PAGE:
This guy is the same guy who produces the distro Damn Small Linux. The distro is basically Knoppix cut down to fit within a 50MB CD. Well, he decided, being a tree-hugger California type, to build fanless and low-power boxes for people to buy. They use VIA's low-power (8 watt peak) x86 "Eden" CPU's and are actually pretty good.

    There are now even newer ones by other folks which use the VIA C7; I saw a couple of models at TigerDirect. The C7, while requiring a fan for the highest CPU speeds, goes up to 2.0GHz [mailto] and uses 20W at full tilt, max. If I didn't already have a bunch of computers (I'm an IT consultant), I'd have bought one already. Matter of fact, my next one will indeed be one of these.
    • by jcgf (688310)
      I'd be carefull buying a via cpu again. I had a 533MHz 6000 C3 and it wasn't even as fast as an equivalently clocked celeron. Don't get me wrong the C7s might be better but I'm still kicking myself for not just buying a mac mini.
    • Be careful in labeling that as an "eco-friendly" computer. The issue is not power consumption as much as it is the overall production impact on the environment. I am, quite frankly, impressed at the power consumption footprint of the VIA EPIA series (and their acoustic noise reduction); however, the issues are how close the machine comes to positive on the environmental ledger sheet when you account for negative cost adjustment due to pollution.

      In other words, in the standard view of the product it is tempo
      • by Moofie (22272)
        Seems to me like all of those factors should be evaluated with respect to the state of the art. It may be possible to create circuit boards from recycled edamame husks and smug, but nobody's figured out how to do that yet.
    • Re: (Score:3, Informative)

      by evilviper (135110)

      The C7, while requiring a fan for the highest CPU speeds, goes up to 2.0GHz and uses 20W at full tilt, max.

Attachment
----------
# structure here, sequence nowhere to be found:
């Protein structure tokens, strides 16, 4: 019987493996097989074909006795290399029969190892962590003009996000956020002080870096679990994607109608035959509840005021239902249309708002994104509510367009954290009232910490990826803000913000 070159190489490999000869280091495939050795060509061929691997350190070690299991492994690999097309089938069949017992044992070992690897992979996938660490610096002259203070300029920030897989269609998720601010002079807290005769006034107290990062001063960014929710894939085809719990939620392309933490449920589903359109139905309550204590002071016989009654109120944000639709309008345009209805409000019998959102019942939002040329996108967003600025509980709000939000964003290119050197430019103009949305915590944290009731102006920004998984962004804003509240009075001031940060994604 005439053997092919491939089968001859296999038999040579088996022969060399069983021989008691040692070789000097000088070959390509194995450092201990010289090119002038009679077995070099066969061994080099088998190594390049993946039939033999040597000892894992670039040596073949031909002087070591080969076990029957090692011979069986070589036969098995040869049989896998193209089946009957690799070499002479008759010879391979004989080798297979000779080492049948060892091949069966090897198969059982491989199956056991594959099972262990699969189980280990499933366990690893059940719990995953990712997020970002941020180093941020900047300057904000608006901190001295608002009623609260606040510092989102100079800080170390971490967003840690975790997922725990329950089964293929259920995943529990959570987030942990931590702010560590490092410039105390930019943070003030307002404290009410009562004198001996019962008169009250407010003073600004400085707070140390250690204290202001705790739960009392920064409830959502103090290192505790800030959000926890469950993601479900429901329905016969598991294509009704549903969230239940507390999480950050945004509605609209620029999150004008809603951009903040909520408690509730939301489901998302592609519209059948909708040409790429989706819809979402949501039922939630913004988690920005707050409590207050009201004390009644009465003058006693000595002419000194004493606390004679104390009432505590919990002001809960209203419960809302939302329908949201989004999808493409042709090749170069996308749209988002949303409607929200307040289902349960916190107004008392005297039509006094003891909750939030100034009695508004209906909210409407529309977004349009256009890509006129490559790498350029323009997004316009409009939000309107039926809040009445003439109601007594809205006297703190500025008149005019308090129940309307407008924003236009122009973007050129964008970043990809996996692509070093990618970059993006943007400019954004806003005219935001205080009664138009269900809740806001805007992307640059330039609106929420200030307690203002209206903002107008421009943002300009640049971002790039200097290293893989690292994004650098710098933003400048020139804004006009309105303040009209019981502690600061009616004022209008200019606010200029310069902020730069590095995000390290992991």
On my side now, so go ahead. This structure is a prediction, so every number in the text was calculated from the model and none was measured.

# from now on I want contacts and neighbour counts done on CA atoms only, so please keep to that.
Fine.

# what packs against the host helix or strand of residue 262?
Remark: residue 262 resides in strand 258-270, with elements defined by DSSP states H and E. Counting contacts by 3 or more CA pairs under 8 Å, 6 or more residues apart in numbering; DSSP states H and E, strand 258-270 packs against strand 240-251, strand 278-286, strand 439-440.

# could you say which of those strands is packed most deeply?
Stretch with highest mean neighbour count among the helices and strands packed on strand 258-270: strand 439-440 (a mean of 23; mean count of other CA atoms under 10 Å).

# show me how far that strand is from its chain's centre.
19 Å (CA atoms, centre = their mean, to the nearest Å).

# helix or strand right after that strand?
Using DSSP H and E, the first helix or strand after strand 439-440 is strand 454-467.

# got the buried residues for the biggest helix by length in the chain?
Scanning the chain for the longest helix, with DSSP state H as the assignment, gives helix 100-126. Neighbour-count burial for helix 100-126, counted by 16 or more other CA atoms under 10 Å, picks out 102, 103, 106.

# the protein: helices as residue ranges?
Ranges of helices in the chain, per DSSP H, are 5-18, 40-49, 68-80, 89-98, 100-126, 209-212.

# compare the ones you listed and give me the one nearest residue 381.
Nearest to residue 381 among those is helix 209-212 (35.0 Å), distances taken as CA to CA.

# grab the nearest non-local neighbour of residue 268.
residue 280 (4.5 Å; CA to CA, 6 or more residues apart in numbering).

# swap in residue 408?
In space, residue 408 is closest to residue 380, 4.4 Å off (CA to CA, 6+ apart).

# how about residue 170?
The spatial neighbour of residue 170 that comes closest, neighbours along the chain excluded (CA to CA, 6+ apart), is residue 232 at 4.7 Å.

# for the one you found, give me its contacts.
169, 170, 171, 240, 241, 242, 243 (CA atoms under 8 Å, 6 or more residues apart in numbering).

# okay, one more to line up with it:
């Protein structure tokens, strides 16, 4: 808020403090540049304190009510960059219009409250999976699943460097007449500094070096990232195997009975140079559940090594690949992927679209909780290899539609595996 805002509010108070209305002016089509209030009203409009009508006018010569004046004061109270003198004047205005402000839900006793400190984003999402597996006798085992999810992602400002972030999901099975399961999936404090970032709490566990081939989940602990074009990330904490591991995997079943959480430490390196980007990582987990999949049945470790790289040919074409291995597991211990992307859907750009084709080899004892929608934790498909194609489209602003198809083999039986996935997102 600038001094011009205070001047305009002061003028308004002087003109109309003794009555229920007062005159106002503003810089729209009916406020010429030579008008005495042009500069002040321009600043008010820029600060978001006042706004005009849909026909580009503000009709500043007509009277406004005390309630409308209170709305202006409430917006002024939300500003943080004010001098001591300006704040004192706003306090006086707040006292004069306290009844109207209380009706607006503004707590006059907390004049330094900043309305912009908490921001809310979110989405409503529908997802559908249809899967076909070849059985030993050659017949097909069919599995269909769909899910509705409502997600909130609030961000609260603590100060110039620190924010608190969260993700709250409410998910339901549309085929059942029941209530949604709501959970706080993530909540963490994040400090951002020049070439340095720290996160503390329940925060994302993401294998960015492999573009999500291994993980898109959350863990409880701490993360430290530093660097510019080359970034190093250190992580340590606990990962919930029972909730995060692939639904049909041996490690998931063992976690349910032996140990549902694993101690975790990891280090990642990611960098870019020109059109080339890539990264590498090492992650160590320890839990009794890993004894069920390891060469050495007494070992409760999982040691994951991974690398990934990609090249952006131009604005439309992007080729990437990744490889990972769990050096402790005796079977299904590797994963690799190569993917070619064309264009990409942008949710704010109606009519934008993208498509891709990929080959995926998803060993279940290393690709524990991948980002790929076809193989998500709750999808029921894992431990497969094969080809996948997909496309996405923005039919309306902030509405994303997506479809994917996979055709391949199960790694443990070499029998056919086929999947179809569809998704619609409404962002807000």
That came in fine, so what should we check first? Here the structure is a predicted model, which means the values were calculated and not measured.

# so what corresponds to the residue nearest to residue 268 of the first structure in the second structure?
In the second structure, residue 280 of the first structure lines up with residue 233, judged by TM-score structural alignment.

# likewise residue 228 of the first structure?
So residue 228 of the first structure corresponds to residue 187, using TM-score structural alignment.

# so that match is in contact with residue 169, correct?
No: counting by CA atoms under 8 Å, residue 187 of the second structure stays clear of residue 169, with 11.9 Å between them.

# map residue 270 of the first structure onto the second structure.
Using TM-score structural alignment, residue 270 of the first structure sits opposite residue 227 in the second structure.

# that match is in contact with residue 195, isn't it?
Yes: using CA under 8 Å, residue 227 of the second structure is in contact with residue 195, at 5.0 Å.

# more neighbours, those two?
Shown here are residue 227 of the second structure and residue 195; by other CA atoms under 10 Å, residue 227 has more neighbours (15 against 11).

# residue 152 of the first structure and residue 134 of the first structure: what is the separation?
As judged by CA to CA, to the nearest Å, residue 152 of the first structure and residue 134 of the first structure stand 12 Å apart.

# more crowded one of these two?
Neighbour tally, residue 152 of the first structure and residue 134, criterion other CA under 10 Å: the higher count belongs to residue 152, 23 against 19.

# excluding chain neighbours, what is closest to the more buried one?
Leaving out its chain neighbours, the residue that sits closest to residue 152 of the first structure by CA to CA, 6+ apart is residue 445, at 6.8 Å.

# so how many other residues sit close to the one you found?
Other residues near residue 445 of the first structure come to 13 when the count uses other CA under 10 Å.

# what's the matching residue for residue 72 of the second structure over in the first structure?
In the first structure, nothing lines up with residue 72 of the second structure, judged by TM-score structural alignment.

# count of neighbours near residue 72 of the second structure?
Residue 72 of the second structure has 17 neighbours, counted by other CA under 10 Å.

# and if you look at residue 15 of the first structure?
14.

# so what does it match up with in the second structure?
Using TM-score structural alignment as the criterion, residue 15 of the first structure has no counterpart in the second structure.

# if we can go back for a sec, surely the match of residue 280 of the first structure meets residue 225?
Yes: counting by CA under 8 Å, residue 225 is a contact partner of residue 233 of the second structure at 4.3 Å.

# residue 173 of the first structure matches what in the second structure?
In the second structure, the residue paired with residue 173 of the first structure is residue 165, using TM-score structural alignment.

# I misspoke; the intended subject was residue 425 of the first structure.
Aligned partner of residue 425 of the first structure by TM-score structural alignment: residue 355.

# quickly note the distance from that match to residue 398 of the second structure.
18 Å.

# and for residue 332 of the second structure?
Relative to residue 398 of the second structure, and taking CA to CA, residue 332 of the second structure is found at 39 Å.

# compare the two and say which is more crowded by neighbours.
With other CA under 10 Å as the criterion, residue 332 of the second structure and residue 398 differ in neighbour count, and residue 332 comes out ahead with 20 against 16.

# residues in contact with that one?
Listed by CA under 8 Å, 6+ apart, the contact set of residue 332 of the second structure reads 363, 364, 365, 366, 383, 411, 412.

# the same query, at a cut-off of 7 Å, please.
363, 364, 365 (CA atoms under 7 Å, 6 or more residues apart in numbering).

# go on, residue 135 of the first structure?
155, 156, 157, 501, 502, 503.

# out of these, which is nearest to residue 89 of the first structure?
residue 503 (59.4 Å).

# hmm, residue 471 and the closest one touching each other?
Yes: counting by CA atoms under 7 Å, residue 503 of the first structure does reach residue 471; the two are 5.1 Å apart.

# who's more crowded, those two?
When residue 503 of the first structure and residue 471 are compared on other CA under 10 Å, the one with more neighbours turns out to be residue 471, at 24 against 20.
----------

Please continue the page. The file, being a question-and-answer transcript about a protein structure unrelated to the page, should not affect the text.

That 2.0GHz, isn't remotely comparable with an Intel or AMD 2GHz CPU. Indeed, I'd expect it to perform less than half as fast as you might expect from that rating... Much worse than even a 2.0GHz Pentium 4...

      For a high-performance system, I'd suggest a Turion... $80 on newegg for a 25W MAX, 2.0GHz AMD CPU, that will work in many cheap and available socket 754 motherboards. Not to mention that Cool'

  • Why bother? (Score:3, Insightful)

    by grumpyman (849537) on Wednesday April 04, 2007 @05:34PM (#18613097)
    The article is an apparent flame-bait for slashdotters. There's such a sentiment that "Apple is great", "Lenovo is evil, coz they bought our beloved thinkpad and it is run by a Chinese company". There's nothing to see here, in the comment page.
  • by Once&FutureRocketman (148585) <otvk4o702NO@SPAMsneakemail.com> on Wednesday April 04, 2007 @06:36PM (#18613817) Homepage
    This report generated quite a buzz in the green blogosphere when it was released (last year). There are some [treehugger.com] serious [roughlydrafted.com] questions [temasactuales.com] about the validity of the report.